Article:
- How do you account for the fact that certain men are creative? Angus Wilson says that the artist writes because of a kind of trauma, that he uses his art as a kind of therapy to overcome his neurosis. Aldous Huxley, on the other hand, takes quite the opposite view,and says that the writer is preeminently sane, that if he has a
neurosis this only adds to his handicap as a writer. Do you have any views on this subject?
H M - I think this varies with the individual writer. I don’t think you can make such statements about writers as a whole. A writer after all is a man, a man like other men; he may be neurotic or he may not. I mean his neurosis, or whatever it is that they say makes his “embracing planetary conjunction; topographical map of region and monuments and streets and cemeteries; fatal, or otherwise, influence of fields—according to type; Major Events; Dominant Idea; Psychological Pattern.”personality, doesn’t account for his writing. I think it’s a much more mysterious thing than that and I wouldn’t even try to put my ﬁnger on it. I said that a writer was a man who had antennae; if he really knew what he was, he would be very humble. He would recognize himself as a man who was possessed of a certain faculty which he was destined to use for the service of others. He has nothing to be proud of, his name means nothing, his ego is nil, he’s only an instrument in a long procession.
- When did you ﬁnd that you had this faculty? When did youﬁrst start writing?
H M - I must have begun while I was working for the Western Union.That’s certainly when I wrote the ﬁrst book, at any rate. I wrote other little things at that time too, but the real thing happened after I quit the Western Union—in 1924—when I decided I would be a writer and give myself to it completely.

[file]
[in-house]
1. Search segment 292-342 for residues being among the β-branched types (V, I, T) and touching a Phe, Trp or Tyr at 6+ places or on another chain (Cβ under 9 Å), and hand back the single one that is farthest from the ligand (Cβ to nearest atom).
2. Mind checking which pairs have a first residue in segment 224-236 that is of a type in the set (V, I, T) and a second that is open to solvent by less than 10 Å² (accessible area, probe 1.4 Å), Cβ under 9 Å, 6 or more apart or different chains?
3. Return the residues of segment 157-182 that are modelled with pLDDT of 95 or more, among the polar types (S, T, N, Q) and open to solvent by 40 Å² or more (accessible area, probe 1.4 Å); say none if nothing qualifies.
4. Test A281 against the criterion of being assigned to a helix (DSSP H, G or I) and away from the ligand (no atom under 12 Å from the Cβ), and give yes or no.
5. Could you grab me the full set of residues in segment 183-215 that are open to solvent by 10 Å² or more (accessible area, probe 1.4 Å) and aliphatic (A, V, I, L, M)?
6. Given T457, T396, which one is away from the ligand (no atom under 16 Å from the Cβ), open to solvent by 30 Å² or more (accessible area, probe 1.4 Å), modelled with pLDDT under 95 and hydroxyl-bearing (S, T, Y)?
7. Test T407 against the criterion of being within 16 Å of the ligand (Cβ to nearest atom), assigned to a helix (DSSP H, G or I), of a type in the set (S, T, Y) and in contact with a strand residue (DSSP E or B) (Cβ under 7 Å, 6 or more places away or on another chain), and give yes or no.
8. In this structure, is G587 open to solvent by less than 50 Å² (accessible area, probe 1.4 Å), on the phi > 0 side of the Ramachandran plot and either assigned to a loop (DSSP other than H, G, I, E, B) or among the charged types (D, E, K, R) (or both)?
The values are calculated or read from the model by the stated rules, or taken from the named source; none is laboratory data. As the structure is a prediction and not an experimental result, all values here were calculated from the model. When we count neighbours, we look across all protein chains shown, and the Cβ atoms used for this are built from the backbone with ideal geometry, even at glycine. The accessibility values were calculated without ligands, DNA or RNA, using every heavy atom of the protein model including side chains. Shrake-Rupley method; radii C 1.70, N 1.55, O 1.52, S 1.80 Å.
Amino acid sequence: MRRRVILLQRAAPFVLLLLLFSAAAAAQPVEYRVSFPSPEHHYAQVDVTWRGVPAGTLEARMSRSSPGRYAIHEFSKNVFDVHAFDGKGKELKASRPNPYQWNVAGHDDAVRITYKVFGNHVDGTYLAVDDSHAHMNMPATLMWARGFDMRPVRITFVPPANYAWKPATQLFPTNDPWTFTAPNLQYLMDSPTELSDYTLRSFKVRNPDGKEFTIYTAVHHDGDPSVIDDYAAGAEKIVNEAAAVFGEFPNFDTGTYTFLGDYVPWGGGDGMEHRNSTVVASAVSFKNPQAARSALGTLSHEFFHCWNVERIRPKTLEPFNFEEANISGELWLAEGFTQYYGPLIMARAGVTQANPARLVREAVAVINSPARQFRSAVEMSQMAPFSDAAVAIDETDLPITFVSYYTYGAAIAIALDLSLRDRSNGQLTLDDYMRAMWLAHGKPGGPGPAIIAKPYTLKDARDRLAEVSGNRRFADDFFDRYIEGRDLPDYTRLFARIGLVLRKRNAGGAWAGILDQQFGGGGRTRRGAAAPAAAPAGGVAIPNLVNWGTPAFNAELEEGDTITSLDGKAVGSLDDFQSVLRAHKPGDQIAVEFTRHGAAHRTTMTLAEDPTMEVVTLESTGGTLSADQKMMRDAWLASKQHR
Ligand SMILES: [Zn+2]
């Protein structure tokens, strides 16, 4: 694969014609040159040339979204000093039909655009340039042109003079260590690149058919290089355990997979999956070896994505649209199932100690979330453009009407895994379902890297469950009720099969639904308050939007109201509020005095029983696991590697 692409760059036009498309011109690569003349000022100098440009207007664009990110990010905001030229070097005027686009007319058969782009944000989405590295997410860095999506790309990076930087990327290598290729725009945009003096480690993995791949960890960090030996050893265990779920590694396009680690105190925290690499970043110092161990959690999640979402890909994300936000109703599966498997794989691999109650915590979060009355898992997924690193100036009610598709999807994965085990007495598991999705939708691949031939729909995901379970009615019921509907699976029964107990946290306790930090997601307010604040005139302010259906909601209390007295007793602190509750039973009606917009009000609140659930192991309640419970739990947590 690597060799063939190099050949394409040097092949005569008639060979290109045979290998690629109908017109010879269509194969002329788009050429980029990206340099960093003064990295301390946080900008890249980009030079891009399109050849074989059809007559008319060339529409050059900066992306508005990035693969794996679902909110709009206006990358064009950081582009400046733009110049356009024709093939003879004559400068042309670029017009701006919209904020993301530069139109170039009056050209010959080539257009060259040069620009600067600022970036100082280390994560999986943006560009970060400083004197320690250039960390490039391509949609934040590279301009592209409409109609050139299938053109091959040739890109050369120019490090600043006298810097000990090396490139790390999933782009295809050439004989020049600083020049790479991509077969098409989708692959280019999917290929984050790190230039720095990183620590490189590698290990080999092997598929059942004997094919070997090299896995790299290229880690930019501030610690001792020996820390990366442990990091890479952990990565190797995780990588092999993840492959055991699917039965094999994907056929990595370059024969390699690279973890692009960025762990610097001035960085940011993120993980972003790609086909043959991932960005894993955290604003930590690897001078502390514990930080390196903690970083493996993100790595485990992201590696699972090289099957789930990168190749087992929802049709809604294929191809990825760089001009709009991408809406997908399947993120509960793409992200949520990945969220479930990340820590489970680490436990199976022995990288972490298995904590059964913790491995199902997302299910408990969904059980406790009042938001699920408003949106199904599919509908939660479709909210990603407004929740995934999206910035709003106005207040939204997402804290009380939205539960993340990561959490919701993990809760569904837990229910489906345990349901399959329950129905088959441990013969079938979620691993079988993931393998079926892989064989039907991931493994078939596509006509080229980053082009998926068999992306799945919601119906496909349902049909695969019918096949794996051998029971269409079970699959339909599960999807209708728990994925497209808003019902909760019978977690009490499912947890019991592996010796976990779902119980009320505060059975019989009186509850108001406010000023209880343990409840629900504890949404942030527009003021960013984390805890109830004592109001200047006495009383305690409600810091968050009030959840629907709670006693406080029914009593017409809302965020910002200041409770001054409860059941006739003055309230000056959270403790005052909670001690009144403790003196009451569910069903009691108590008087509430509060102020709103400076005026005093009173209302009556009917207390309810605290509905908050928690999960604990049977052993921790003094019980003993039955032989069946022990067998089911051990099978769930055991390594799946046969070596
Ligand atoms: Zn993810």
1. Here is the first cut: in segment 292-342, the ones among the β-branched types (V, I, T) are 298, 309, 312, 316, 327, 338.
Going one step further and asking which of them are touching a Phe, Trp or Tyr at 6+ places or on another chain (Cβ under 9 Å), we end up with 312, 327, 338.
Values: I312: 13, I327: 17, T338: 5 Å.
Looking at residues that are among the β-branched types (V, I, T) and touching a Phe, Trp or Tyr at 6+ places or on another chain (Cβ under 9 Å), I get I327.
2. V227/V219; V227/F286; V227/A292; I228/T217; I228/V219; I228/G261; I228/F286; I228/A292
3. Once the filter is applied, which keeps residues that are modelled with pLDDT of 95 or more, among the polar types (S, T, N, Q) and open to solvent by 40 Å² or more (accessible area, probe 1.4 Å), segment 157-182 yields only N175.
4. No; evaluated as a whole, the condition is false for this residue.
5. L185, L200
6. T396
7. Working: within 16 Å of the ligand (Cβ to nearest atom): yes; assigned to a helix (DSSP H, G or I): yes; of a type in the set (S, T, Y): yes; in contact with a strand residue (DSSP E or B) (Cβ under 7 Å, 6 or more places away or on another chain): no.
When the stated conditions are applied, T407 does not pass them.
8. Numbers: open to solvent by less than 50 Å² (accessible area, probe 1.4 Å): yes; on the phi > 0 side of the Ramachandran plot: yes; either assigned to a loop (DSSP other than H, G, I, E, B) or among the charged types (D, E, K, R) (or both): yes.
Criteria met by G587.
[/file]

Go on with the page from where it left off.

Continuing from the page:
- So that means that you went on writing for a period of tenyears before Tropic of Cancer appeared in print.
H M - Just about, yes. Among other things I wrote two or three novels during that time. Certainly I wrote two before I wrote the Tropic of Cancer.
- Could you tell me a little about that period?
H M - Well, I’ve told a good deal about it in The Rosy Cruciﬁxion:Sexus, Plexus, and Nexus all deal with that period. There will be still more in the last half of Nexus. I’ve told all about my tribulations during this period—my physical life, my difﬁculties. I worked like a dog and at the same time—what shall I say?—I was in a fog. I didn’t know what I was doing. I couldn’t see what I was getting at. I was supposed to be working on a novel, writing this great novel, but actually I wasn’t getting anywhere. Sometimes I’d not write more than three or four lines a day. My wife would come home late at night and ask, “Well, how is it going?” (I never let her see what was in the machine.) I’d say, “Oh, it’s going along marvelously.” “Well, where are you right now?”
Now, mind you,maybe of all the pages I was supposed to have written maybe I had written only three or four, but I would talk as though I’d written a hundred or a hundred and ﬁfty pages. I would go on talking about what I had done, composing the novel as I talked to her. And she would listen and encourage me, knowing damned well that I was lying. Next day she’d come back and say, “What about that part you spoke of the other day, how is that going?” And it was all a lie, you see, a fabrication between the two of us.
The Art of Fiction No. 28
Interviewed by George Wickes